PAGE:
Several antipsychotics are metabolized via CYP3A4/5, which are inhibited by current DAAs. Sedating antipsychotics that are metabolized by CYP3A4, such as quetiapine, may be increased via DDIs secondary to DAAs and could result in more pronounced sedation that could hinder compliance with multiple daily dosing regimens of DAAs. Clozapine is also metabolized in part by CYP3A4 and clozapine levels should be monitored closely during HCV triple therapy as higher doses of clozapine have been associated with an increased adverse effects including seizures.[81] Treatment with clozapine is further complicated during HCV therapy due to additive theoretical risks of agranulocytosis and neutropenia related specifically to IFNα effects. Therefore, clozapine monitoring protocols may need to be adjusted due to this risk and vigilant follow-up monitoring for signs of infection is recommended.[82]

Lastly, DAAs are known inhibitors of P-gp and many second generation antipsychotics are substrates of P-gp.[83] In theory, inhibition of P-gp may lead to increased exposure of the antipsychotic in the CSF, and may be associated with enhanced effectiveness or toxicity.[79] Despite the absence of documented metabolic drug interactions, caution is to be exercised with known substrates of P-gp (quetiapine, risperidone, olanzapine) and DAAs.

Addictions Agents With DAAs

Given the higher rates of substance dependence in HCV-infected patient populations compared to the general population,[6] treatment of concurrent substance use disorders, either through harm reduction or abstinence based models, is an important component of pre-HCV therapy stabilization. To date, no studies have determined if the addition of DAAs to HCV treatment increased the risk of substance use relapse.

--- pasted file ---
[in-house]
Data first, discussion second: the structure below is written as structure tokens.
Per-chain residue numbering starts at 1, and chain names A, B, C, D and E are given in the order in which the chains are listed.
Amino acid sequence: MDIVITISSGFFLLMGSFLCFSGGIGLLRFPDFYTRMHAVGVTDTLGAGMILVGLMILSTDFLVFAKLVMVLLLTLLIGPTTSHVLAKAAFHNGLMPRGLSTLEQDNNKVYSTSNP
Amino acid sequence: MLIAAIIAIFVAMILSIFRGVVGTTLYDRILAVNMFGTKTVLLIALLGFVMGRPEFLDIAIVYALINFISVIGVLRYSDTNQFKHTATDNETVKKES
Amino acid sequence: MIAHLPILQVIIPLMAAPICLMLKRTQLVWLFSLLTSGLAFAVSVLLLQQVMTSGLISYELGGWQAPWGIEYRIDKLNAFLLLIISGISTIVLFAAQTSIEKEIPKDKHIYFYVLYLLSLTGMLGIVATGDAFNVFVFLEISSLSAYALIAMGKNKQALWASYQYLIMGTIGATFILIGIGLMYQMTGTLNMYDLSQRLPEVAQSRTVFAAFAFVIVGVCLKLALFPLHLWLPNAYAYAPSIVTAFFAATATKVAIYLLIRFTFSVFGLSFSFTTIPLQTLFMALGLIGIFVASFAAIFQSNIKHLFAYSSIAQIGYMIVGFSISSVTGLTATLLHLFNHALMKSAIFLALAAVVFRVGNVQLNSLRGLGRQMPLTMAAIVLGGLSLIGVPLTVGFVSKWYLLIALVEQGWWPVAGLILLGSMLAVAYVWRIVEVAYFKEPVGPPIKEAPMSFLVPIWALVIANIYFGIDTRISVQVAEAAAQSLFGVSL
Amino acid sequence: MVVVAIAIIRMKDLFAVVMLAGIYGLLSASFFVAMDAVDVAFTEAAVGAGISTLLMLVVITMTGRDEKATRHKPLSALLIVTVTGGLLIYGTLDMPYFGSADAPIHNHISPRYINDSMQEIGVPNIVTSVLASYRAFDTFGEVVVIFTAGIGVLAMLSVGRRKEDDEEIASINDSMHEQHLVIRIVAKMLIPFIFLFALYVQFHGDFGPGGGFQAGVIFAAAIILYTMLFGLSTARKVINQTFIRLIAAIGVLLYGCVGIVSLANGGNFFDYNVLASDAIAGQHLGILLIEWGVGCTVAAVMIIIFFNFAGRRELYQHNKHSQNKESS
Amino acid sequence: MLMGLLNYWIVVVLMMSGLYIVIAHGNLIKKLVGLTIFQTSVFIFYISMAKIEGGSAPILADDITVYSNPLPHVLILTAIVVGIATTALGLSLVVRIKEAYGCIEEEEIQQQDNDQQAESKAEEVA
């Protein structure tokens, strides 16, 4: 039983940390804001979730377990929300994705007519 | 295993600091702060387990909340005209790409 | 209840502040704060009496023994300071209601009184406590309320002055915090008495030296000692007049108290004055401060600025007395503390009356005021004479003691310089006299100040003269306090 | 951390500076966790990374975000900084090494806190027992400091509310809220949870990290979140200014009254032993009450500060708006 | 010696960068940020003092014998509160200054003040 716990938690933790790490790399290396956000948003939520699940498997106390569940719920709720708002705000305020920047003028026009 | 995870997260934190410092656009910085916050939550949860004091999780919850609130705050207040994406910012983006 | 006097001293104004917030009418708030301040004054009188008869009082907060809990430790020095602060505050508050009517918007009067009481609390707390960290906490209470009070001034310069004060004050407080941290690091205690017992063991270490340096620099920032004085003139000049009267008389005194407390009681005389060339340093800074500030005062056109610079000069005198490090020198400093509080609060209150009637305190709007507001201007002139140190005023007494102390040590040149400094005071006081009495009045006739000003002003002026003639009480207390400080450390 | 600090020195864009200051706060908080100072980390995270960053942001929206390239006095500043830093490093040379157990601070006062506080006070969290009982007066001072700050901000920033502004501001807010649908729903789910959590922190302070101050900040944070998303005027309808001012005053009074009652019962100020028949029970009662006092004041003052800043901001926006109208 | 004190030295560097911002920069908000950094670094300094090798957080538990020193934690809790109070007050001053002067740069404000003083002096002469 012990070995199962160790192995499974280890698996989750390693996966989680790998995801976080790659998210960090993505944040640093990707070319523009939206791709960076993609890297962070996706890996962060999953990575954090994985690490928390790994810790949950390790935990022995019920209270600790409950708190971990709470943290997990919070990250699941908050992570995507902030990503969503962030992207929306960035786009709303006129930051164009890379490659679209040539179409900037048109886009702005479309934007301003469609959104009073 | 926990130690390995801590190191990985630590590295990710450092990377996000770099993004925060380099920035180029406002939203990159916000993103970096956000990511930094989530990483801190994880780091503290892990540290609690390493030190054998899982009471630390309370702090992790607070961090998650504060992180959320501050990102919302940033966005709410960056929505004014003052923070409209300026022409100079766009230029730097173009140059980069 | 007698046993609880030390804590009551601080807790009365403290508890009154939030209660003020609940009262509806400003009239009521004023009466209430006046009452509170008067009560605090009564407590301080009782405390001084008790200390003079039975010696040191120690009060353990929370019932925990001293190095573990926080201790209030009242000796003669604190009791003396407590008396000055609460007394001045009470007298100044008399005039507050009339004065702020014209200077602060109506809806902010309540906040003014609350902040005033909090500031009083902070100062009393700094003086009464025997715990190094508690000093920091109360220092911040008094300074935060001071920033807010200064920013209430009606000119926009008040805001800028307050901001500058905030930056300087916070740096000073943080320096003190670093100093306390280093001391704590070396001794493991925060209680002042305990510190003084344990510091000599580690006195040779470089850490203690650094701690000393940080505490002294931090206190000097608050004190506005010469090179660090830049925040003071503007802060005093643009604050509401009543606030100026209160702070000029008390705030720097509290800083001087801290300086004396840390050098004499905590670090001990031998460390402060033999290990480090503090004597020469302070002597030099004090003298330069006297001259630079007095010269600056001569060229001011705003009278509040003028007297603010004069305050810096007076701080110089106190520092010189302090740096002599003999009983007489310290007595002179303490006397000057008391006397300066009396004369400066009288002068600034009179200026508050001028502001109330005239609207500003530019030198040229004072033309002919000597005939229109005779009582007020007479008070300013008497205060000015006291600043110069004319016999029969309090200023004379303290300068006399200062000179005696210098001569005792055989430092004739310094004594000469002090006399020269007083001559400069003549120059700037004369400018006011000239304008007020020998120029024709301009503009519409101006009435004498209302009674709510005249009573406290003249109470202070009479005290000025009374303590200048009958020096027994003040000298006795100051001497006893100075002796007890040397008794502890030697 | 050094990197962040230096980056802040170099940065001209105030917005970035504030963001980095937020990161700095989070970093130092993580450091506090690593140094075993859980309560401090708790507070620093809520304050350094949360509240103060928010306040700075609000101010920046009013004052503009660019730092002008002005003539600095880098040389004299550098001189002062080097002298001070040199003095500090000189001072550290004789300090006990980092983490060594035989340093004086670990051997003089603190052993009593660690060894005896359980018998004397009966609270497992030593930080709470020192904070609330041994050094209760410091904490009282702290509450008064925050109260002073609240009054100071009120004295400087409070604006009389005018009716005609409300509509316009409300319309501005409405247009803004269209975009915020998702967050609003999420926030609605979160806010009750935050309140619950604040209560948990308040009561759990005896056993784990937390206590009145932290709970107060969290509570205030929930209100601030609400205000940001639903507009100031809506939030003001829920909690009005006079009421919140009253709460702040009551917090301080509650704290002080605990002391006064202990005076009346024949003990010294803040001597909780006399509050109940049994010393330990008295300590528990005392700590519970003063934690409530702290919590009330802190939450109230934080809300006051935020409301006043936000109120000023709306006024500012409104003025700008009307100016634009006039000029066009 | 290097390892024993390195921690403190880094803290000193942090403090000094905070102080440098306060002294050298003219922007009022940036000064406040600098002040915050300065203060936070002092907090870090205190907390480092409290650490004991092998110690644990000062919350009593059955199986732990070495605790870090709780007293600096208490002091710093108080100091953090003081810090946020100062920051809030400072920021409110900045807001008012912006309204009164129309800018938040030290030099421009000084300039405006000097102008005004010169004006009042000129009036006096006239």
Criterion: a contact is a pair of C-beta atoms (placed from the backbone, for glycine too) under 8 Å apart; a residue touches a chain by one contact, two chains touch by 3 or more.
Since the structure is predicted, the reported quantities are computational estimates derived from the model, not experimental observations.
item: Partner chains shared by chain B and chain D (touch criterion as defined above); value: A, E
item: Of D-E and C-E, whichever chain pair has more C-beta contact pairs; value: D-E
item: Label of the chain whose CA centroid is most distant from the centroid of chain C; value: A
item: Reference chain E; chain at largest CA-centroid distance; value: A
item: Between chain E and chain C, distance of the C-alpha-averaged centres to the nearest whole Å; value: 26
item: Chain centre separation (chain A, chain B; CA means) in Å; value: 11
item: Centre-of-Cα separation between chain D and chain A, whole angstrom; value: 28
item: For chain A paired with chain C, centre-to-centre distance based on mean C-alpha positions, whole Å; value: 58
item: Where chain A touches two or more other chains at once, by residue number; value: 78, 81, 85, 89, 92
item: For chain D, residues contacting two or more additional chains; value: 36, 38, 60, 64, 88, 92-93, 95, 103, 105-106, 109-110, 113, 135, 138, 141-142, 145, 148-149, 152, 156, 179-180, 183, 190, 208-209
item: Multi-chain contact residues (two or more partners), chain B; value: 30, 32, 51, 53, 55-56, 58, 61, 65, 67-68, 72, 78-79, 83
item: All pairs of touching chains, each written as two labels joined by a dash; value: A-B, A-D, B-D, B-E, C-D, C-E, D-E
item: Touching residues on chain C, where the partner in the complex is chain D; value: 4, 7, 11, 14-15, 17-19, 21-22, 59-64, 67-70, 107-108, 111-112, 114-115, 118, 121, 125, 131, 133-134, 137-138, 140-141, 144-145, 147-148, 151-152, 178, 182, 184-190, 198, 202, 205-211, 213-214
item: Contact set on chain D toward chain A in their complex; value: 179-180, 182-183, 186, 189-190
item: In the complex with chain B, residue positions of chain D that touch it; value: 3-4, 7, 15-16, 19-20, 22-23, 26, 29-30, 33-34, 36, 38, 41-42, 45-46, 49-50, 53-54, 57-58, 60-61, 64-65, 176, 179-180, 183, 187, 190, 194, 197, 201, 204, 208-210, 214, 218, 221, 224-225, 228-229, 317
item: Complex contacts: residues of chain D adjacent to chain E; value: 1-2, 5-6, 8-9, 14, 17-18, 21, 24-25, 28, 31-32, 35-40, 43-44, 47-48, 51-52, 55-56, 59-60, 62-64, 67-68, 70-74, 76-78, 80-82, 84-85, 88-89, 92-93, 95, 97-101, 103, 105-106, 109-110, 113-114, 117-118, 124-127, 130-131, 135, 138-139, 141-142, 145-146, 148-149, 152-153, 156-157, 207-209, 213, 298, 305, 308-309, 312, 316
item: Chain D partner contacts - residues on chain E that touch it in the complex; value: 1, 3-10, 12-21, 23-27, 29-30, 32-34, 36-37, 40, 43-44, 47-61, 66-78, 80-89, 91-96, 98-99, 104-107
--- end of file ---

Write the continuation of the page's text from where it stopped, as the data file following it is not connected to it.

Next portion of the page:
In some HCV-infected populations, methadone treatment is a core component of HCV treatment stabilization in patients at risk of opioid and polysubstance dependence.[84,85] Methadone is metabolized by CYP2C19 and 3A4. The coadministration of methadone and telaprevir was shown to result in a 21% decrease of the active enantiomer R-methadone exposure.[86] However, free concentrations of R-methadone were unaffected and therefore no dosage adjustment is necessary. Buprenorphine pharmacokinetics are not affected by telaprevir and is safe for coadministration.[87] Boceprevir was studied with methadone, buprenorphine and naloxone. Similar to telaprevir, boceprevir led to a 15% decrease of R-methadone exposure. No free methadone concentrations were performed. Boceprevir was also associated with an increase of naloxone and buprenorphine exposure by 19 and 33% respectively, which is considered to be clinically non-significant.[88]